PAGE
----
You can get a lot of pretty good looks for an electric guitar using spray paint. Doing a spray paint job on an old electric is actually popular with some musicians, especially if the paint job covers up unappealing branding on generic models or cosmetic damage on the original paint job. Here's how to get a spray paint design onto your guitar.
- Skill level:
Pick your colors. Get a can of each color.
Cover up parts you don't want painted. This is a critical step because you usually only want to paint the body of the guitar. Other parts that you don't want to paint include the headstock and neck as well as items set into the body like pickups and other hardware. You can cover these smaller items with tape and the larger areas with a cloth or paper.
Get a work space. You'll want to lay paper down so as not to get paint on the floor. Choose a solid color or an abstract color-mixing design.
Start spraying, holding the spray can just close enough to the guitar so that the paint doesn't puddle. Hold it close enough that the spray paint won't dissipate or get all over everything around you. Continue spraying in even, consistent motions with the solid color and then, if necessary, with the overlay color. Using two colors can get a good "doppled" look.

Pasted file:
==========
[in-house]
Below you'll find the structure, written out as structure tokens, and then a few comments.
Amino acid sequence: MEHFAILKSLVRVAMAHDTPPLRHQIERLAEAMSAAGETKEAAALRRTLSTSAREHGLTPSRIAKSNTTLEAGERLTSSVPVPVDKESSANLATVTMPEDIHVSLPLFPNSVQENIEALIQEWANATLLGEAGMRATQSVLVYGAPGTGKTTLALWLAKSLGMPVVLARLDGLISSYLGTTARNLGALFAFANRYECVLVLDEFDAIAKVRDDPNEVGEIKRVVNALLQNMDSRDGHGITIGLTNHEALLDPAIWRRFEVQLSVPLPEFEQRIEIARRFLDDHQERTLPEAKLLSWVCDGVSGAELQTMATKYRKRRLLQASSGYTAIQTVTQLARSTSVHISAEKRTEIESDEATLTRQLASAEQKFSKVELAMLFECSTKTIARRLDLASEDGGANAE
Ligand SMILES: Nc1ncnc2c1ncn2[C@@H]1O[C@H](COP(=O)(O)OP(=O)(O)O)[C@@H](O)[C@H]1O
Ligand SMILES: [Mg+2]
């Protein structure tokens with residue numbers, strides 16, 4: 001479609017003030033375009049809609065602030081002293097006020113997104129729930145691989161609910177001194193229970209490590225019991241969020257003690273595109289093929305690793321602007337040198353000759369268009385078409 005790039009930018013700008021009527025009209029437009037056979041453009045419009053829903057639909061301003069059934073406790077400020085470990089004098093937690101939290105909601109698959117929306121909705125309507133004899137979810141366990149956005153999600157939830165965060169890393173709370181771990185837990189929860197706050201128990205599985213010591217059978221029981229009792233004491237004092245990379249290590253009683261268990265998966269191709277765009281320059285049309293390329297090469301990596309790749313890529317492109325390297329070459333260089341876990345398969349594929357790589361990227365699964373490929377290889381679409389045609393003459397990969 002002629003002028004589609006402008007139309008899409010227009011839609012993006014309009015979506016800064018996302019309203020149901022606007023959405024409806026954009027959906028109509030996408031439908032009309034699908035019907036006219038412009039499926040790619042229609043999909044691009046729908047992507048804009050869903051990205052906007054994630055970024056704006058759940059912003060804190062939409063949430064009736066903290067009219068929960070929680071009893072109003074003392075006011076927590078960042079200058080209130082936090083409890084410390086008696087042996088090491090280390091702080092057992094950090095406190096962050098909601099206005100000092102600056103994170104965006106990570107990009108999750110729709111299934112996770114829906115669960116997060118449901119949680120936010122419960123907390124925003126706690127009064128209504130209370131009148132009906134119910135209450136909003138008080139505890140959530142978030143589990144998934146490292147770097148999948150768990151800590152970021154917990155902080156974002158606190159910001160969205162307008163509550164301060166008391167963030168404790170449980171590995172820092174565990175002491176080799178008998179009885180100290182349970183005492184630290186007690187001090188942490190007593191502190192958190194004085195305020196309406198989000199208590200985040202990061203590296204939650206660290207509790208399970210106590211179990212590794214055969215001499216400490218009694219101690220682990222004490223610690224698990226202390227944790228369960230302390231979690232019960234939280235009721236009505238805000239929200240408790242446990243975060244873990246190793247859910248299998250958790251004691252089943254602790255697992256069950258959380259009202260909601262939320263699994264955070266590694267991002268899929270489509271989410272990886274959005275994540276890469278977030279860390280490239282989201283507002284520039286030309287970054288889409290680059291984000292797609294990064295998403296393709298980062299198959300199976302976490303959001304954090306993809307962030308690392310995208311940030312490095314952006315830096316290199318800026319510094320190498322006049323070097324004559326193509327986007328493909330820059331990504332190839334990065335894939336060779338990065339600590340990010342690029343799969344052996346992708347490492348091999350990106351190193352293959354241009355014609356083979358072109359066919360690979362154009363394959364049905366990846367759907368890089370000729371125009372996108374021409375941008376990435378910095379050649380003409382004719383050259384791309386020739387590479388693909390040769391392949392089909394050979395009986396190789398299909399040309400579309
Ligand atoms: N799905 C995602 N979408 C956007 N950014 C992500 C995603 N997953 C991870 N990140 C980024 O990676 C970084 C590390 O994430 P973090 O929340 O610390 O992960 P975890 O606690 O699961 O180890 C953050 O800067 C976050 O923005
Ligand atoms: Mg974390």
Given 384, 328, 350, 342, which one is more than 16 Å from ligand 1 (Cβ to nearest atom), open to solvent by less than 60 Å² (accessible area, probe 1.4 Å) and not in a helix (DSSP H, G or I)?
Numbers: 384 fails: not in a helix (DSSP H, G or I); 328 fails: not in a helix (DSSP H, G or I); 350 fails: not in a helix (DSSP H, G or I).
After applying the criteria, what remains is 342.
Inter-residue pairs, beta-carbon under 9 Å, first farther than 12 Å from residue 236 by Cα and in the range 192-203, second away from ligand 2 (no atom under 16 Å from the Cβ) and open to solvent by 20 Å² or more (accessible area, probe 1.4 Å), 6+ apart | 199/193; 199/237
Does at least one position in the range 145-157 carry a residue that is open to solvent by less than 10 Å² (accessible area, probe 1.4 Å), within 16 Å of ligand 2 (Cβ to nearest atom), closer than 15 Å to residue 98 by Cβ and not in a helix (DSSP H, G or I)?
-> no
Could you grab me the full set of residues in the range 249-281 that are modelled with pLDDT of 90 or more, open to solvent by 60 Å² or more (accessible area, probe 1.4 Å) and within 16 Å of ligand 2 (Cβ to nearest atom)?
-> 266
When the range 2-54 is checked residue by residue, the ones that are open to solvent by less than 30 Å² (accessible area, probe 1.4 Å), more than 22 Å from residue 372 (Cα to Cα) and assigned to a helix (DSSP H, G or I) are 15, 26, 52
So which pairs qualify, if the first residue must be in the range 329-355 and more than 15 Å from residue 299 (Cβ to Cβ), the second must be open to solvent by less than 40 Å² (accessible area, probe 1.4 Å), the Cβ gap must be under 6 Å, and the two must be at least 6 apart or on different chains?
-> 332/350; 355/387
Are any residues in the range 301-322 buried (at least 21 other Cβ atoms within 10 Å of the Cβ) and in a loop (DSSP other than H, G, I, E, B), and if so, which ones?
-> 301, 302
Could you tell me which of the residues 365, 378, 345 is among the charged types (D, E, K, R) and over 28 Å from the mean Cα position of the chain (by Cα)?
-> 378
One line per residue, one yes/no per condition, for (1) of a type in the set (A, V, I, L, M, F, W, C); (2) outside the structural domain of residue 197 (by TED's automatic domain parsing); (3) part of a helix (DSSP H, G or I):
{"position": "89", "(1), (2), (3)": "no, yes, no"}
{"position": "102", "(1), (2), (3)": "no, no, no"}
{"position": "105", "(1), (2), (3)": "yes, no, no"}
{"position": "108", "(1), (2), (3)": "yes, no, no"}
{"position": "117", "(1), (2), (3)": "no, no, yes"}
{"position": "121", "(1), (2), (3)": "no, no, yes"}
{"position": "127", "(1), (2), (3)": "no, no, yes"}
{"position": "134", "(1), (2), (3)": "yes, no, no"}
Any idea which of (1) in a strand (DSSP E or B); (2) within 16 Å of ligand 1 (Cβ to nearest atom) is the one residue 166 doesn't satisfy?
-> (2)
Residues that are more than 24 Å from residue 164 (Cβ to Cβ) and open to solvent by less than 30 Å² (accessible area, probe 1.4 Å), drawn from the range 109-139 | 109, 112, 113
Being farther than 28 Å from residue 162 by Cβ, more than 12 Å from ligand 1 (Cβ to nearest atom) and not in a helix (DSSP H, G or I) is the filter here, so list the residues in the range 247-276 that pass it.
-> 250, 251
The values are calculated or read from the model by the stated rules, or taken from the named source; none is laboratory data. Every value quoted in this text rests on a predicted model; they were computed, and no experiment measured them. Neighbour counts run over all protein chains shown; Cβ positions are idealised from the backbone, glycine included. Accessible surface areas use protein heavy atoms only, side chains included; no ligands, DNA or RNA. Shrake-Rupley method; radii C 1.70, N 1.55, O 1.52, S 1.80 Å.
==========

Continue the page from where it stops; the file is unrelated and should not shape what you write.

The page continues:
Use creative strategies to get your paint onto the whole body of the guitar. You can put your guitar up on wood blocks and switch sides by grabbing the covered headstock and turning to spray the underside.
Do any creative design while the paint is still wet. Skilled spray painters know how to use circular or line tools to make specific designs on the guitar body. You can use crumpled newspaper to make "veins" in the paint by twisting it on the body while the paint is still wet.
Let your guitar dry, then uncover the parts.